I must profess that I am a student of the history of the game and love the rich history of the architects of the past 100 years and I am awed by what they achieved with limited resources.  That being said, my job is to respect the past while looking toward the future—not looking over my shoulder to appease the dead.  Not to sound aloof, but the client hires me to renovate a golf course and make it aesthetically pleasing, easier to maintain, and fun to play again.  Things have changed in the past 30, 50, 100 years since the course was originally built and for many courses, there can be room for debate regarding whether or not the dead architect credited with a certain design did more than make a site visit once—if at all.  One architect in particular, whose pinnacle was after the Great Depression, is credited with nearly 300 designs! In an age without jet travel, staffs of design associates, or bulldozers—and considering he passed away in his 60’s (early by today’s standards)—that would be an incredibly grueling work load.  But I digress.  Not only have changes in golf equipment changed the game, but improvements in agronomics have also made drastic changes to the older courses by improving the quality of turf.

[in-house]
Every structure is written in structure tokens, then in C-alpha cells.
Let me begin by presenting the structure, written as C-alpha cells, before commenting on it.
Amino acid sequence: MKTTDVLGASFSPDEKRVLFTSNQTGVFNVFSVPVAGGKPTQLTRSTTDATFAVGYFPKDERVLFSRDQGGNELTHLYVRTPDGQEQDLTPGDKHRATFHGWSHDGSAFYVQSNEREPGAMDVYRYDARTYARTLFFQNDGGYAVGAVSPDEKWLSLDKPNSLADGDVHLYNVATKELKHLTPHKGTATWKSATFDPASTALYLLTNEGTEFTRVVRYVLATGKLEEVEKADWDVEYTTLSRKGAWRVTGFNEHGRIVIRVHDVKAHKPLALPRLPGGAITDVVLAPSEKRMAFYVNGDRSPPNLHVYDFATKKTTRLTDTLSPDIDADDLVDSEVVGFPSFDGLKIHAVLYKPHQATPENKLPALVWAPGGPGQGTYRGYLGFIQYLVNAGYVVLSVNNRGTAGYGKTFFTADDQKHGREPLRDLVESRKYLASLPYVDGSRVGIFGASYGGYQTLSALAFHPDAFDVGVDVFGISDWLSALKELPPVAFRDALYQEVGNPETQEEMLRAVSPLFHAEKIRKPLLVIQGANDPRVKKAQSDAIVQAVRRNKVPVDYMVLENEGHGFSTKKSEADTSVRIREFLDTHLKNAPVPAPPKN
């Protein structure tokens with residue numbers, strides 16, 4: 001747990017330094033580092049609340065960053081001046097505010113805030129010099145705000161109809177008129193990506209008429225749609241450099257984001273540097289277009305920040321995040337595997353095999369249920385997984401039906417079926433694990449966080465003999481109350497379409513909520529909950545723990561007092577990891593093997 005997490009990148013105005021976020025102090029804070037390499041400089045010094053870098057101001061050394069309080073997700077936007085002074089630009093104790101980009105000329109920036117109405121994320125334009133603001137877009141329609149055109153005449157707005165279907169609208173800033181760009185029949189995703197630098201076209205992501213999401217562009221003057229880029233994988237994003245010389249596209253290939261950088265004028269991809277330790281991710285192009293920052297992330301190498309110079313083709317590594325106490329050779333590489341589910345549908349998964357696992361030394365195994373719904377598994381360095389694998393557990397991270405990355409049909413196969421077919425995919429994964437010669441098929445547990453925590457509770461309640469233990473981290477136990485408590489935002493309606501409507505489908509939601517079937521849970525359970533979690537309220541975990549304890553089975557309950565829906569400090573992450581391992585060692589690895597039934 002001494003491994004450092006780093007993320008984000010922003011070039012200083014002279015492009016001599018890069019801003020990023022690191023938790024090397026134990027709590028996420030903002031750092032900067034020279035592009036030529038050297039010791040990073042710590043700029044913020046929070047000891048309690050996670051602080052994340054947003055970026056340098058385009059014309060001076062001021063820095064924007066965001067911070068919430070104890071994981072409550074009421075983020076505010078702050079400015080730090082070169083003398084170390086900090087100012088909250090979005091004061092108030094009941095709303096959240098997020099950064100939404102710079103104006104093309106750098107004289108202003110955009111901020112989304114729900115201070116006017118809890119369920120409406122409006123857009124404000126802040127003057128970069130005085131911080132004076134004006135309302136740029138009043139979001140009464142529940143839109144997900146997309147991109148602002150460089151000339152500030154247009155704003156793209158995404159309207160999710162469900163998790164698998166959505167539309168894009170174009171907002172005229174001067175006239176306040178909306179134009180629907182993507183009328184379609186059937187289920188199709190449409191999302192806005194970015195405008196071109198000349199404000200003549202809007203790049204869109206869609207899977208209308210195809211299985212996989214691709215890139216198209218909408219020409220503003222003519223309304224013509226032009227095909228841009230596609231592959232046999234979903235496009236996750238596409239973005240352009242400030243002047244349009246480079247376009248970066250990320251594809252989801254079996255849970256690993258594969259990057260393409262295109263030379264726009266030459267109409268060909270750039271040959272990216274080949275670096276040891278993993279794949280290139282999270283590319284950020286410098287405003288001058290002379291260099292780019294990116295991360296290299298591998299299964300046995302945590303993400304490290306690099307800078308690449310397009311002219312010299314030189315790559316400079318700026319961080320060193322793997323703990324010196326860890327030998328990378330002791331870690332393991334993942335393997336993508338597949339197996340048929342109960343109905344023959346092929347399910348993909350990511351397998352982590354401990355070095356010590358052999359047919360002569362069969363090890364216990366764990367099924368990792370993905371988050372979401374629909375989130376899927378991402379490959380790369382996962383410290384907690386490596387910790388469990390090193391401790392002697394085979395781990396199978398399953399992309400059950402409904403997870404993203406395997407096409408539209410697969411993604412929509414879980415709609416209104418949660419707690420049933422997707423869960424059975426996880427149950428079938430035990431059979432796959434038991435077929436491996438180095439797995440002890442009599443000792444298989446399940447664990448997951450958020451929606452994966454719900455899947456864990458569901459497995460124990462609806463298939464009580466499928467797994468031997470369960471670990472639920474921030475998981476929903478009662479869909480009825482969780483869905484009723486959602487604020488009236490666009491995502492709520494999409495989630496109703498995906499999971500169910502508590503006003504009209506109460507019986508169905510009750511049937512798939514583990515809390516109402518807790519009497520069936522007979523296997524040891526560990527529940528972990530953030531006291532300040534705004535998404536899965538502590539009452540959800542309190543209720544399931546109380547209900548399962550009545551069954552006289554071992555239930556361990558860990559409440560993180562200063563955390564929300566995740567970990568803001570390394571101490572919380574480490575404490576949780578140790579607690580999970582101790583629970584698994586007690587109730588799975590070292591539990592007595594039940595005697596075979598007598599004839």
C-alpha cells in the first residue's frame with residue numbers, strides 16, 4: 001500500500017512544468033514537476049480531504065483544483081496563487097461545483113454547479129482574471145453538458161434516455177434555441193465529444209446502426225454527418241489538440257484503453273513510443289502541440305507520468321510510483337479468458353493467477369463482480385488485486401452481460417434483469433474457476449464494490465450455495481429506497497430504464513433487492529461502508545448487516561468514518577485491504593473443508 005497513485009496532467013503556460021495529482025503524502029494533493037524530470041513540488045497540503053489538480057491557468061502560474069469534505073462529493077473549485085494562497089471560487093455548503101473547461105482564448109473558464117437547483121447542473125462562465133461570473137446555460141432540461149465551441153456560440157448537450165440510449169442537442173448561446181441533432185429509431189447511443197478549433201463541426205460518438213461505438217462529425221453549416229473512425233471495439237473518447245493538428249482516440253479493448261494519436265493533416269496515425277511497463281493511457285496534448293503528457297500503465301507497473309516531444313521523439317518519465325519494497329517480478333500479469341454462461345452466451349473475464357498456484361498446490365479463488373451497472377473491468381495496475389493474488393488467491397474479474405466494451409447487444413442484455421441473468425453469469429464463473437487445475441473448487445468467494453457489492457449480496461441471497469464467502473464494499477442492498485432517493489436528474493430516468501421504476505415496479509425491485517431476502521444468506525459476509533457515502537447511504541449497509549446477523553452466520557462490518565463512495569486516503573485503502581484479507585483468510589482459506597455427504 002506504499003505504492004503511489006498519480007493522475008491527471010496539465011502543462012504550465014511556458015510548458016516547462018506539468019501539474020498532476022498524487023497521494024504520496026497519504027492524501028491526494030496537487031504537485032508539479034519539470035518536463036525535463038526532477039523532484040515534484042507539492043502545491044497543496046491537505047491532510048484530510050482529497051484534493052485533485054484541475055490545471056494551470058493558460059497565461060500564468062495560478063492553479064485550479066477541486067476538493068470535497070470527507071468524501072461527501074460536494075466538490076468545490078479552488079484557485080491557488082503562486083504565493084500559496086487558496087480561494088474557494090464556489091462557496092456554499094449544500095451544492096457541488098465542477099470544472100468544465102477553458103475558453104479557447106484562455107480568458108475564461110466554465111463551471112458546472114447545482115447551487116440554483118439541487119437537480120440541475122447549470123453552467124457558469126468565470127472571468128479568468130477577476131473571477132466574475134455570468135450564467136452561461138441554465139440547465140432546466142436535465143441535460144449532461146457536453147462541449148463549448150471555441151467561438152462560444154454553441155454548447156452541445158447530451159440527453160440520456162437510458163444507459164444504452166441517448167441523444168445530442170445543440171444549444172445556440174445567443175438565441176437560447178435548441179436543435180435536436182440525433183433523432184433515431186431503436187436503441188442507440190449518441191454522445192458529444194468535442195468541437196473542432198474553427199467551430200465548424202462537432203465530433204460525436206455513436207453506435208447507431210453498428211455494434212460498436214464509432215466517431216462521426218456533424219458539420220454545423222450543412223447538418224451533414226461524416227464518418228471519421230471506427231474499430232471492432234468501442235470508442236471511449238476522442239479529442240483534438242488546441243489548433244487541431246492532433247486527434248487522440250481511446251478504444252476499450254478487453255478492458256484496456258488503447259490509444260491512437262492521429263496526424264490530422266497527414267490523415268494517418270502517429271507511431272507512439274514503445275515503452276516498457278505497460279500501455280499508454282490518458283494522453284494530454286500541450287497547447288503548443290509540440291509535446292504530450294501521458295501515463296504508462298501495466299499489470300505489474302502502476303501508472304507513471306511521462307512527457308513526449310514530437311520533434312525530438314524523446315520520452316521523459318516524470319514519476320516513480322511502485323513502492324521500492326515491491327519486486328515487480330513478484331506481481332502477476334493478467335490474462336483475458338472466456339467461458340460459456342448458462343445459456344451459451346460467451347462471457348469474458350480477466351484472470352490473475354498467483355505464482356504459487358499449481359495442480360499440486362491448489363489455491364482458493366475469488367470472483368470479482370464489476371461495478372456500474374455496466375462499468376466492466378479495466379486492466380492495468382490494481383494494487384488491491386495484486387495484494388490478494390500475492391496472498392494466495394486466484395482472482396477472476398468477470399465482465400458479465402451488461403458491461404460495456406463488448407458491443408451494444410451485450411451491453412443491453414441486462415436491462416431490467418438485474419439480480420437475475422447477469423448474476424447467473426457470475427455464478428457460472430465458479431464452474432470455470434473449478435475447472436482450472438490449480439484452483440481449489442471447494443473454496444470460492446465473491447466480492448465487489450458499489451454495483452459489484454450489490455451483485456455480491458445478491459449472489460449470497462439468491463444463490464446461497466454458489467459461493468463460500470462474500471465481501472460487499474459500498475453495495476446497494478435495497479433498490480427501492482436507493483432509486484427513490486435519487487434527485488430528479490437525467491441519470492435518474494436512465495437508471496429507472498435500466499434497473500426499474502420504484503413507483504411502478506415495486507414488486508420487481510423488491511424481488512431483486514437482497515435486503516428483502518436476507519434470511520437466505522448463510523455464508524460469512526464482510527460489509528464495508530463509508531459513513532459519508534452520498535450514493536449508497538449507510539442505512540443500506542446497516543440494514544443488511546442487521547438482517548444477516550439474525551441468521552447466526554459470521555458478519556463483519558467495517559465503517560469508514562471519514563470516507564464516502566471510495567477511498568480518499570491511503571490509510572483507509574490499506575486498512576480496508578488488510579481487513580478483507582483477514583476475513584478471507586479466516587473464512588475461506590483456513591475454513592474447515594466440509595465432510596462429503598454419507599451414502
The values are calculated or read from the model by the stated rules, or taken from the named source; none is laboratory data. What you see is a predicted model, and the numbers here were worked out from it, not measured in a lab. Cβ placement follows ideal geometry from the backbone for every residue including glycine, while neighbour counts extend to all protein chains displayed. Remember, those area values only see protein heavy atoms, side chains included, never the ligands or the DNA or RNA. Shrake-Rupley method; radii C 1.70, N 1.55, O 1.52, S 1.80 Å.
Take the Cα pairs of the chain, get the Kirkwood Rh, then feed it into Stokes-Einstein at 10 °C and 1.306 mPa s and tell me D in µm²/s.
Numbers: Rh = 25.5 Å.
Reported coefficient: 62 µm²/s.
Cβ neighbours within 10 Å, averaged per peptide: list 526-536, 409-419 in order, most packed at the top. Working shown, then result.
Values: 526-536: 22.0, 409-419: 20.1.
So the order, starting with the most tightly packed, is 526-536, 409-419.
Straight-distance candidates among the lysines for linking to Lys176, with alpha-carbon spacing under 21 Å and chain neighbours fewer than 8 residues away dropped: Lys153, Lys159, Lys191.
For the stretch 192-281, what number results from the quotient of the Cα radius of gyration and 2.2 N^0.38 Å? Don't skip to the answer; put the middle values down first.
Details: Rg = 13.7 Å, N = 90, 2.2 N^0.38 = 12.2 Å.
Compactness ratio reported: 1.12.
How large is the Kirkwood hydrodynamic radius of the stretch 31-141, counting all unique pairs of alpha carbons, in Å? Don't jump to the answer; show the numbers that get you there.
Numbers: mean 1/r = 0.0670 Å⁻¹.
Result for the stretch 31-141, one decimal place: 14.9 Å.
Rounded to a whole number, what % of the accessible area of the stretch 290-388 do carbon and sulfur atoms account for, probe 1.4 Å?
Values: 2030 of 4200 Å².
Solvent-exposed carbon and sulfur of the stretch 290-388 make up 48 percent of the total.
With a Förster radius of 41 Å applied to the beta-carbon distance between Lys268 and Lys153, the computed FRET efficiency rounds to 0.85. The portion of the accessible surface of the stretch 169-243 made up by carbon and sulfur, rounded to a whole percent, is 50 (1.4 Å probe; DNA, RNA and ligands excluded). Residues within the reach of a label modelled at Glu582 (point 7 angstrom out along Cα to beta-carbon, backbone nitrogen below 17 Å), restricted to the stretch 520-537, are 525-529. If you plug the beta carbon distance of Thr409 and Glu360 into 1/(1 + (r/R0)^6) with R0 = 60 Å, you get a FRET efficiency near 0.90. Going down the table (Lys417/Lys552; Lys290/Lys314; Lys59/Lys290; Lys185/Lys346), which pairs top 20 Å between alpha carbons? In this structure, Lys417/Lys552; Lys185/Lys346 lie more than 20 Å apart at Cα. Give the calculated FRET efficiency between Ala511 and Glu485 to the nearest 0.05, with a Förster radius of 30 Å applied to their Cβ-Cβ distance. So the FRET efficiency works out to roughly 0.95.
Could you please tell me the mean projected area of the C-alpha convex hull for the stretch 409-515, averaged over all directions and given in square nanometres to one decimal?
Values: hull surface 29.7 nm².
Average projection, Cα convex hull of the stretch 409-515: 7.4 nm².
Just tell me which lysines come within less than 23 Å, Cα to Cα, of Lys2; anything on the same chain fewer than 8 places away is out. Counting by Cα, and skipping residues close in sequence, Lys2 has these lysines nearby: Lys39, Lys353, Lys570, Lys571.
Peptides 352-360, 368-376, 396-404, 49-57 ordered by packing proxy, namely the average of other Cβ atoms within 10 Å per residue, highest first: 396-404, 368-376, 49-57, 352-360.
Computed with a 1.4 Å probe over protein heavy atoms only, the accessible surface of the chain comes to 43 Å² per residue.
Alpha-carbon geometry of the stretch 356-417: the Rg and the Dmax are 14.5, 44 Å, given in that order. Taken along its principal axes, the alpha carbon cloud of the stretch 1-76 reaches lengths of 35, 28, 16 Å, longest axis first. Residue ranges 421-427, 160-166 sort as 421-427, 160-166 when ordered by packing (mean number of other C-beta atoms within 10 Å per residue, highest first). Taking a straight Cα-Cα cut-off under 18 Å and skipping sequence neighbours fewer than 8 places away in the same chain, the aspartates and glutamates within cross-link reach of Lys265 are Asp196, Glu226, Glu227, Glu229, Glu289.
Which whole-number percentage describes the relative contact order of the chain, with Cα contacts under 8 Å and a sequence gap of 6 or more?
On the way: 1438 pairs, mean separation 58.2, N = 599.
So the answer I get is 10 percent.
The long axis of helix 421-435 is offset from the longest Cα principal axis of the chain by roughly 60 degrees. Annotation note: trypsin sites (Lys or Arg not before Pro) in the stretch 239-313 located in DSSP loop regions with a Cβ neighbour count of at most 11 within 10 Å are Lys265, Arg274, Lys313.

Which brings us to the core point of my theory:  The men who designed the courses so famous from the past “glory days” of golf course architecture were obviously intelligent men who understood the game and how to fit a course to the land they had at their disposal.  They were not stupid people.  Therefore, I have to believe that if we could magically resurrect these great architects and show them the way the game and the industry has evolved, they would not want to “restore” their courses to the way they were.  They would want to help them evolve and adapt.  Enlarge the greens, perhaps soften some contours and change bunker styling, add and expand tees, etc.  Pinehurst’s greens were originally sand, not grass.  And the courses with turf for putting surfaces most certainly were not running 9 to 12 feet on a Stimpmeter—which was invented in 1935 because Edward Stimpson thought the greens at the US Open that year at Oakmont were unfairly fast!  Most greens in those days (the US Open notwithstanding) were more akin to the fairways of some of the better courses of today.  Who do you know that would settle for putting on the fairway at your course?  Greens in their day had to be humpbacked to assist in drainage and subsequently were not receptive to approach shots.  If you were to reconstruct a green from the 1930’s and mow it to stimp at 13, it would be so small and fast that you would never be able to keep a ball on the green.